The way has been cleared for further drilling in the Maui natural gas field off the South Taranaki bight.

The Environmental Protection Agency (EPA) has given the all-clear for Shell Todd to use a hack-up rig near the existing Maui A and B platforms between 35-50km off the coast.

The consents were lodged in October last year. The company asked for EPA permission to place and later remove the drilling rig as part of its 2018-19 exploration programme.

A second consent covers potential discharge of harmful substances from drains on the rig deck during drilling but comes with conditions.


The decision was made by an EPA-appointed Decision-making Committee (DMC) chaired by Kerry Prendergast with Gerda Kuschel and Miria Pomare as members. All three members agreed to grant consent based on information from submissions and evidence provided in a process that included a public hearing in New Plymouth.

The committee found the potential effects of the proposed activities, including cumulative effects, would be temporary or involve small areas of marine habitat and could be managed by the conditions of consent.

EPA climate, land and oceans general manager Siobhan Quayle called the decision "robust" and said it had been made after a careful assessment of all evidence.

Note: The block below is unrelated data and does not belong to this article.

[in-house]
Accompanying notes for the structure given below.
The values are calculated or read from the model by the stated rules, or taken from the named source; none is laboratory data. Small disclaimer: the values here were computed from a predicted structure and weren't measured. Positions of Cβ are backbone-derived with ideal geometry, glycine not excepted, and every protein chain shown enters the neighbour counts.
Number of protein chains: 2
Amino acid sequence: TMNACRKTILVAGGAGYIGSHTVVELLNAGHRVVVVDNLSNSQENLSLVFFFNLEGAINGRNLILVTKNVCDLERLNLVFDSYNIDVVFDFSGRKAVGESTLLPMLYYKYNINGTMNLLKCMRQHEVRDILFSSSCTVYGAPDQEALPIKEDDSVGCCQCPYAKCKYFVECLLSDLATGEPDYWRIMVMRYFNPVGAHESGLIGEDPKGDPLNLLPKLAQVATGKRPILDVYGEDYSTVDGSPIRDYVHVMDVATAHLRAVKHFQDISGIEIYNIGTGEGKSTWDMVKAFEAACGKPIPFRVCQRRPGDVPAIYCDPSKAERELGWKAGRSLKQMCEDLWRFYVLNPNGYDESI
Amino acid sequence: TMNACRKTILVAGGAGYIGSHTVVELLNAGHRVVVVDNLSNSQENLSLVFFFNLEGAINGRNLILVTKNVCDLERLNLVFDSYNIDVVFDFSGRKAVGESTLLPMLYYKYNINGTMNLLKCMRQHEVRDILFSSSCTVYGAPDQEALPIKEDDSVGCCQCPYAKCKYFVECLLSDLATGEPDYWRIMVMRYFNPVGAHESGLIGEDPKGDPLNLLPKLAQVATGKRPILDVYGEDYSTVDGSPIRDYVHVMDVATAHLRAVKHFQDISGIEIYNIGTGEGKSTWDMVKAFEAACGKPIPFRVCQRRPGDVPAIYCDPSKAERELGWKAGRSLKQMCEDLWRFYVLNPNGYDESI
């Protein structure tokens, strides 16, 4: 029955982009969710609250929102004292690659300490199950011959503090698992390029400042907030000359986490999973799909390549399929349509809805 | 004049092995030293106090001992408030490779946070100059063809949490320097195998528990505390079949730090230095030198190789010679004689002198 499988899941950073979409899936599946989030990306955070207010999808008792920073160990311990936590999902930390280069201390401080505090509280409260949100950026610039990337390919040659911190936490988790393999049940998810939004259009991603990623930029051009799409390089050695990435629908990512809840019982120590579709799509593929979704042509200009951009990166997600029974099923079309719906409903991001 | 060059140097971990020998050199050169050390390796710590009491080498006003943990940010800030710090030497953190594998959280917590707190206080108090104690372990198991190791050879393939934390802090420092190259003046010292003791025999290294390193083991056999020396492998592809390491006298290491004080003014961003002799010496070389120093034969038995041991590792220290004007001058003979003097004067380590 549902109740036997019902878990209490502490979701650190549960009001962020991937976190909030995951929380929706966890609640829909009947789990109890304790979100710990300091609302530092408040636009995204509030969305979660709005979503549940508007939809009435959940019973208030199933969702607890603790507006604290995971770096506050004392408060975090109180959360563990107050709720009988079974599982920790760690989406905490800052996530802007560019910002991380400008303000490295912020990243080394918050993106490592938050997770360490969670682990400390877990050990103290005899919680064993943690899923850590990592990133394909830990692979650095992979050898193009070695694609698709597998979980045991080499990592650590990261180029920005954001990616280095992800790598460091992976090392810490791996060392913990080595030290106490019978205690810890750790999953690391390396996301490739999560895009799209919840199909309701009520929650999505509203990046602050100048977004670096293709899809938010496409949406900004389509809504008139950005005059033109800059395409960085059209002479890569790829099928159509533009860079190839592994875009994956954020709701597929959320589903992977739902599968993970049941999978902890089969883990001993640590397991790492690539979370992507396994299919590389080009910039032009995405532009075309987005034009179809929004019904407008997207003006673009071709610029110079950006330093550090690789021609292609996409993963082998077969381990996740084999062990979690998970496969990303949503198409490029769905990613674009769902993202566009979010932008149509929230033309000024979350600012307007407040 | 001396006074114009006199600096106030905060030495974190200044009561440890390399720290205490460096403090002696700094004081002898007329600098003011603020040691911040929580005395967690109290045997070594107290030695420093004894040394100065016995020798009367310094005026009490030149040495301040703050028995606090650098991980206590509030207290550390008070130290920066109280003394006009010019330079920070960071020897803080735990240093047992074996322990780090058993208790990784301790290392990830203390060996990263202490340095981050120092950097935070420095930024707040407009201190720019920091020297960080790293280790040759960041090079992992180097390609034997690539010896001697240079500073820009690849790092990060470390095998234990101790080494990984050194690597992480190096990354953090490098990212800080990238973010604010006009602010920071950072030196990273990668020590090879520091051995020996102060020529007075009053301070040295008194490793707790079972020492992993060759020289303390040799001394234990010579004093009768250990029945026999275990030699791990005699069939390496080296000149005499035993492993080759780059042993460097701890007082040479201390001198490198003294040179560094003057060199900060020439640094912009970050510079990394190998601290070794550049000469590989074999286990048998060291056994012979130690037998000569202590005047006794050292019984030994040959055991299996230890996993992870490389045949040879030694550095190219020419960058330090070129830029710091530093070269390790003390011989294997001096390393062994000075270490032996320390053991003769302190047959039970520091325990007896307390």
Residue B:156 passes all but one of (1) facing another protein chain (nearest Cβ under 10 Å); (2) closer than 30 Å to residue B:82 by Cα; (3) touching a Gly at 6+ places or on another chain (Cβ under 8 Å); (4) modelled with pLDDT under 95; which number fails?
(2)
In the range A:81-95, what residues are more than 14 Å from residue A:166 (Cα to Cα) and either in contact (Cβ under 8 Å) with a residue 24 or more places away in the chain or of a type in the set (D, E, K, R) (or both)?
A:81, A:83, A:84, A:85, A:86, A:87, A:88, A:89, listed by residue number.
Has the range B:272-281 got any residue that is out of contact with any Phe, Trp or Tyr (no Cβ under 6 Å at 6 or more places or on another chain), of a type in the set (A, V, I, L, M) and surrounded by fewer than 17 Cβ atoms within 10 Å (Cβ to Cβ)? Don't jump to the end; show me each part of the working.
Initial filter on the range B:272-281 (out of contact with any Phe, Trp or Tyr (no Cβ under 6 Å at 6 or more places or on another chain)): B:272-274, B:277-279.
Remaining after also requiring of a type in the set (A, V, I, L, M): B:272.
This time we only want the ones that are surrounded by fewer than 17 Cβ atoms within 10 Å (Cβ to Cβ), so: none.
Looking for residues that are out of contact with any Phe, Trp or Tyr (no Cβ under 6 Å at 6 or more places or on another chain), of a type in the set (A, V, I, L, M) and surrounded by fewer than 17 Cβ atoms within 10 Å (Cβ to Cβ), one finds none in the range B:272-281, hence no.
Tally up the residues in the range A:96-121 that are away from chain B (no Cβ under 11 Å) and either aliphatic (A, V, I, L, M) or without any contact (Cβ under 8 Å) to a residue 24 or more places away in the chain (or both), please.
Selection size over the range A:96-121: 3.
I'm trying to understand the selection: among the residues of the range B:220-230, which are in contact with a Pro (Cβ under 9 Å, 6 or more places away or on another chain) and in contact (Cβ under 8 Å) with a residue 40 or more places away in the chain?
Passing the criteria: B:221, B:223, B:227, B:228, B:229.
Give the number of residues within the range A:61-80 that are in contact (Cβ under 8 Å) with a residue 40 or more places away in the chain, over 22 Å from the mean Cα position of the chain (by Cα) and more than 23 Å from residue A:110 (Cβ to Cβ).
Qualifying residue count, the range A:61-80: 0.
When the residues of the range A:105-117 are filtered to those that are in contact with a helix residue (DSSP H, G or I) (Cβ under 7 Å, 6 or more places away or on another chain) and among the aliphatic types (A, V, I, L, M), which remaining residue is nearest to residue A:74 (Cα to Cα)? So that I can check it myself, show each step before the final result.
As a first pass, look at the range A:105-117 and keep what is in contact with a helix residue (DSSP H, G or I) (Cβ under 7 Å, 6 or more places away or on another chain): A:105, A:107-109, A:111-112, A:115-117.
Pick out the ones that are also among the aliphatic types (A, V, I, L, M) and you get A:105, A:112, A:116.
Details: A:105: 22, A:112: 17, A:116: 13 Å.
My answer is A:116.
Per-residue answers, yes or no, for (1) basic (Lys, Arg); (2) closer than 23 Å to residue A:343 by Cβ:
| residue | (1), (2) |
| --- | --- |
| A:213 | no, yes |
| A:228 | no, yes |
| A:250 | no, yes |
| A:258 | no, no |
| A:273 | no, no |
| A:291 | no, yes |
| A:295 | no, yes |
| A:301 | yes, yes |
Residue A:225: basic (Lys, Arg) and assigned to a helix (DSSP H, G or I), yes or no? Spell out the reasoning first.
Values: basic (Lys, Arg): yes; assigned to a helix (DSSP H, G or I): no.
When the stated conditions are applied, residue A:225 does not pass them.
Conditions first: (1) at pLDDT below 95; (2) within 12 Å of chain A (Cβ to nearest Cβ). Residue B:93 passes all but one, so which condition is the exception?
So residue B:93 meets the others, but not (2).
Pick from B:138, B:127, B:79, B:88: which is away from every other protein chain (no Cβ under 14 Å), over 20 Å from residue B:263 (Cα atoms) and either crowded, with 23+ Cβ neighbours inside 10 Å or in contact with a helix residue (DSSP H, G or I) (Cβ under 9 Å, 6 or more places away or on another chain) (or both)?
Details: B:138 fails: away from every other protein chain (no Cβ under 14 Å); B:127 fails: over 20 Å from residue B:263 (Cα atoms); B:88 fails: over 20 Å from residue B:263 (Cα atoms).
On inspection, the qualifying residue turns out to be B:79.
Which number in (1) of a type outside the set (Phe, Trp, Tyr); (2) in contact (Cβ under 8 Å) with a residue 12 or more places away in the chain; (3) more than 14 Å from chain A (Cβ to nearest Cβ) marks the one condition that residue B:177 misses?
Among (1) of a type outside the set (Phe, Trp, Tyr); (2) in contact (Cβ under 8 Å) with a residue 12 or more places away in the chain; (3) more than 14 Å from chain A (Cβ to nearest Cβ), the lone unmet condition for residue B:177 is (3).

"The application contained a number of unknowns and uncertainties. This meant the DMC needed to seek further information on several occasions to have the best available information to make its decision," Ms Quayle said.

The DMC found that while the proposed conditions were generally appropriate, it made a number of changes to ensure the environmental effects of the application would be appropriately managed. It means Shell Todd cannot have more than one jack-up rig on the seabed in the Maui field at any one time. The jack-up rig can be installed and removed up to 12 times within the existing 500m exclusion zones around the Māui platforms. The rig can be installed and removed up to eight times at locations outside these exclusion zones.